The United States Football League game at Philadelphia’s Veterans Stadium on March 27, 1983 featured a matchup of two teams that had started out strongly in the new league’s inaugural season. Both the Philadelphia Stars and Tampa Bay Bandits were unbeaten after three weeks of play.
The Bandits, coached by Steve Spurrier, had an outstanding passing game with veteran QB John Reaves, who had started his pro career as the first draft choice of the NFL Eagles in 1972 (Reaves and Spurrier pictured at right). He had good targets in another veteran pro, WR Danny Buggs, and newcomer Eric Truvillion, the other starting wide receiver. The overlooked defense was a good one and featured NT Fred Nordgren and CB Jeff George.
Philadelphia, under Head Coach Jim Mora, was less flashy on offense, featuring star rookie RB Kelvin Bryant and ex-NFL backup QB Chuck Fusina. The defense was especially tough, with the linebacking corps led by unheralded Sam Mills at its heart.
There was a disappointing crowd of 18,718 on hand at the Vet with a steady rain falling. The Bandits scored on four of their first six possessions to take command. The first touchdown came less than three minutes into the opening quarter and followed the recovery of a Fusina fumble by Jeff George. Reaves threw to Eric Truvillion from 33 yards out.
The Stars came back to tie the score as Kelvin Bryant ran for a 35-yard touchdown. However, later in the first quarter George struck again as he intercepted a pass by Fusina and returned it 22 yards for a TD.
In the second quarter, Tampa Bay’s lead was narrowed to 14-10 thanks to a 35-yard David Trout field goal. Zenon Andrusyshyn responded with a 43-yard field goal for the Bandits to make it 17-10. Just some two minutes later, Tampa Bay drove to a touchdown with the thanks of a gadget play. Reaves passed to Danny Buggs who picked up 11 yards and lateraled to RB Sam Piatt for another 13 yards to the Philadelphia 12. Four plays later, Piatt ran for a TD from a yard out.
Andrusyshyn booted a 38-yard field goal and, before halftime, the Stars finally scored again when Trout kicked a 37-yard field goal. Nevertheless, the Bandits held a commanding 27-13 lead at the halfway point.
The Stars, minus the injured Fusina, chipped away some more at Tampa Bay’s lead early in the third quarter when Trout connected for another field goal, this time from 27 yards. The Bandits played conservatively on offense and were helped by the defense’s ability to stop the normally-efficient Philadelphia offense, particularly the passing game.
Philadelphia still managed to make it interesting less than five minutes into the fourth quarter when backup QB Jim Krohn tossed a screen pass to Bryant, who proceeded to take it all the way for a 38-yard TD. However, the try for a two-point conversion failed and the Stars never again crossed midfield for the remainder of the contest. Tampa Bay came away the winner by a score of 27-22.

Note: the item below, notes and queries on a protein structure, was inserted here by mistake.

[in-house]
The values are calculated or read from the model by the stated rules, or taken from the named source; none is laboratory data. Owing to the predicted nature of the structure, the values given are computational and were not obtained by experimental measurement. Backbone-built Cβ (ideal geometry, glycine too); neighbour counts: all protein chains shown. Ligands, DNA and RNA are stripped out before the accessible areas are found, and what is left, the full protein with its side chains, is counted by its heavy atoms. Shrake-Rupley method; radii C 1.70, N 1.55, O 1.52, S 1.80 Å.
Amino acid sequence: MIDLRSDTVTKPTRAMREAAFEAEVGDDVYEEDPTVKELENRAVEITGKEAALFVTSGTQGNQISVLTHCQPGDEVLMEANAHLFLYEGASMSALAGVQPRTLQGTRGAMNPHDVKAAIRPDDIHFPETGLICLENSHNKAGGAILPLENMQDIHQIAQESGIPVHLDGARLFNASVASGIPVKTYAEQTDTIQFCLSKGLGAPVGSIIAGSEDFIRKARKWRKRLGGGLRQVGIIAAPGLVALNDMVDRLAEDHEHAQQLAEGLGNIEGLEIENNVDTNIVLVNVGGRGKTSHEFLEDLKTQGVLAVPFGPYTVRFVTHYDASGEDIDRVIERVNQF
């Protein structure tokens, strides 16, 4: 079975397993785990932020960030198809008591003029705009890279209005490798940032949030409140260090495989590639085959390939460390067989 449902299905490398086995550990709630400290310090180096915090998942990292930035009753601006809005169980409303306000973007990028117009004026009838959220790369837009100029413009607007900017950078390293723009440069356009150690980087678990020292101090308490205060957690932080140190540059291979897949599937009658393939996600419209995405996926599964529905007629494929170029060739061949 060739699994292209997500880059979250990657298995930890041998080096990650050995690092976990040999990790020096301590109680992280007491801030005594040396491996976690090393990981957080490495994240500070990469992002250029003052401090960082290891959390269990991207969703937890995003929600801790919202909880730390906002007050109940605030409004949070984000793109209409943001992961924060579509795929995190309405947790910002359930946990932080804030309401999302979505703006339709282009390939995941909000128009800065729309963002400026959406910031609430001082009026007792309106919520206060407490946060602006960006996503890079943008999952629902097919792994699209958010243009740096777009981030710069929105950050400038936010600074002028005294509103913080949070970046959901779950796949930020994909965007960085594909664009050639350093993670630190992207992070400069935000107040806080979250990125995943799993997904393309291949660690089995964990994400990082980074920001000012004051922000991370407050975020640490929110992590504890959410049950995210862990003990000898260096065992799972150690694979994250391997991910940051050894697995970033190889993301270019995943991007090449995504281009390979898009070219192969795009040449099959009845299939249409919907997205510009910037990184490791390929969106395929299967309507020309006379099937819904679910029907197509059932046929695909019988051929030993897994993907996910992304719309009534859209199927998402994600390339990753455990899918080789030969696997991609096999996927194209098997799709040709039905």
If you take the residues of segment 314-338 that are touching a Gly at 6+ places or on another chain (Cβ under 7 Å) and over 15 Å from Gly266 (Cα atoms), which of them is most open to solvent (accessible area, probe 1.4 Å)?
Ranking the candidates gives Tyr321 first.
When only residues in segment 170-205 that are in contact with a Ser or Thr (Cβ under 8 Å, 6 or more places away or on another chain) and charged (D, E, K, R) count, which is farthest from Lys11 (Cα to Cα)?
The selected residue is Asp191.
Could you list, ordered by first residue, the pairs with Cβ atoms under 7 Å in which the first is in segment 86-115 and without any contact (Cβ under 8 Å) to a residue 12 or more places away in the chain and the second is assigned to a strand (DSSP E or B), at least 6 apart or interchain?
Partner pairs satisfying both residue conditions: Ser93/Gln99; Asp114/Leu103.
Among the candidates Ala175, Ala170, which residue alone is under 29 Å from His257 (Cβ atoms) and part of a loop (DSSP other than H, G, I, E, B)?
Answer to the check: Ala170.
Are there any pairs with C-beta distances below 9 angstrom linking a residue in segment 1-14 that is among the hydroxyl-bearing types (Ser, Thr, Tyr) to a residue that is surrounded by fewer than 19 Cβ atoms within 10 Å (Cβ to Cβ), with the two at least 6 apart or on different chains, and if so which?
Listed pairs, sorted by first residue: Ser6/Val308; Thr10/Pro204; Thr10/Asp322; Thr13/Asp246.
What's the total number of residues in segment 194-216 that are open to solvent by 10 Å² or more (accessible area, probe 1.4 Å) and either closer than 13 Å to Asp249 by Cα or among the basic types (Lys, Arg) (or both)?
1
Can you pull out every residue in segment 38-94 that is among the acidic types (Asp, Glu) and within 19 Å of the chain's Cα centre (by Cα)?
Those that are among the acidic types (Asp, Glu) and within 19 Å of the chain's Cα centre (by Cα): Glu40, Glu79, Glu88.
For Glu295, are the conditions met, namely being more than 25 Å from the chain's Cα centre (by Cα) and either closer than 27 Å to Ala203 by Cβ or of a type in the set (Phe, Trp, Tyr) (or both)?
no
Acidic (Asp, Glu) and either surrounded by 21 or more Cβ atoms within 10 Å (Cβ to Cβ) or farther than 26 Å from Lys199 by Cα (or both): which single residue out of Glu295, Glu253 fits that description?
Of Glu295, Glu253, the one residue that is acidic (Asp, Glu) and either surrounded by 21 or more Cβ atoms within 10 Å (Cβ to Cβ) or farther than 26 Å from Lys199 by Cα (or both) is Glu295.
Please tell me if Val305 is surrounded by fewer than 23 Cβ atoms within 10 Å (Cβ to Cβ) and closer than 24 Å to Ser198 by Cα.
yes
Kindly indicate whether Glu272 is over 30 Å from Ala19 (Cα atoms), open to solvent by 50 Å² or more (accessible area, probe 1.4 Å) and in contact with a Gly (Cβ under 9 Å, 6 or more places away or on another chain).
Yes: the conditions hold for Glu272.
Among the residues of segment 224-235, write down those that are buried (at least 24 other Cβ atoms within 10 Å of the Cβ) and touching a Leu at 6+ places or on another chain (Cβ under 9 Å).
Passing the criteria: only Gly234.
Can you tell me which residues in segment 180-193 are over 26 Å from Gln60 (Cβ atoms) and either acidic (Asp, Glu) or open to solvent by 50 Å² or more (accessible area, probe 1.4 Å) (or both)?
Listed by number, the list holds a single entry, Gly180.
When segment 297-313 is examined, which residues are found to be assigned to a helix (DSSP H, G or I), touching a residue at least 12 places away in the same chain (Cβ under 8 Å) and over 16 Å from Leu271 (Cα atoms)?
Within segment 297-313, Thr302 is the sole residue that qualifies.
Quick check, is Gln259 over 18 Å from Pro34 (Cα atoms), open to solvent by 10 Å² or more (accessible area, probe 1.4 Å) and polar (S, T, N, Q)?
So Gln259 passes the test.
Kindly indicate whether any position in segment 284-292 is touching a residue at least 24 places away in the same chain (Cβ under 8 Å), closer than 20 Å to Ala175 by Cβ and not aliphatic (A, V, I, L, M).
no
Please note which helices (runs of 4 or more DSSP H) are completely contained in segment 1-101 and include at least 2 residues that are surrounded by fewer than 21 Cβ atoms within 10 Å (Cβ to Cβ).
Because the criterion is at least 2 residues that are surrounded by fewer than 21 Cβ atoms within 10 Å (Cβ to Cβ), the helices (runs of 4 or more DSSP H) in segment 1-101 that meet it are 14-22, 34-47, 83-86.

Tampa Bay led in total yards (389 to 295) and had the edge in first downs (18 to 17). Although they fumbled seven times, the Bandits lost just two of them and each team ended up with three turnovers. The Tampa Bay defense recorded five sacks while the Stars got to Reaves just once.
John Reaves completed 16 of 32 passes for 269 yards and a touchdown as well as an interception. Danny Buggs caught 4 passes for 90 yards and, while Eric Truvillion was held to just two receptions, they included the one TD. Sam Piatt ran for 75 yards and one touchdown on 24 carries and RB Greg Boone contributed another 11 attempts for 54 yards.
For the Stars, Kelvin Bryant was the star on offense with 112 rushing yards on 22 carries that included a TD and three catches for 57 yards and another score. Chuck Fusina and Jim Krohn combined to complete just 13 passes in 31 attempts for 177 yards. WR Scott Fitzkee had 6 receptions for 48 yards.
“It was great to win here,” exulted John Reaves. “I was 0-8 as a starter for the Eagles. The adrenaline was really pumping. It was something special. I was really looking forward all week to coming back here.”
“He (Reaves) played extremely well,” said Steve Spurrier of his 33-year-old quarterback. “We didn’t have many plays for him in the second half. We just tried to grind out the clock.”
“Mistakes got us in the hole early and we were never able to get out,” said Jim Mora from the home team’s perspective.
Fortunes changed for the teams as the season progressed. Tampa Bay was crushed by the Chicago Blitz the following week and, two games later, Reaves went down with a broken wrist. While getting good performances from the backup quarterbacks, the Bandits faltered on defense and lost four of their last six games to end up at 11-7, which put them third in the highly-competitive Central Division and out of the playoffs. The Stars, on the other hand, recovered to top the Atlantic Division with a league-best 15-3 record. They made it to the USFL Championship game, where they lost a close contest to the Michigan Panthers.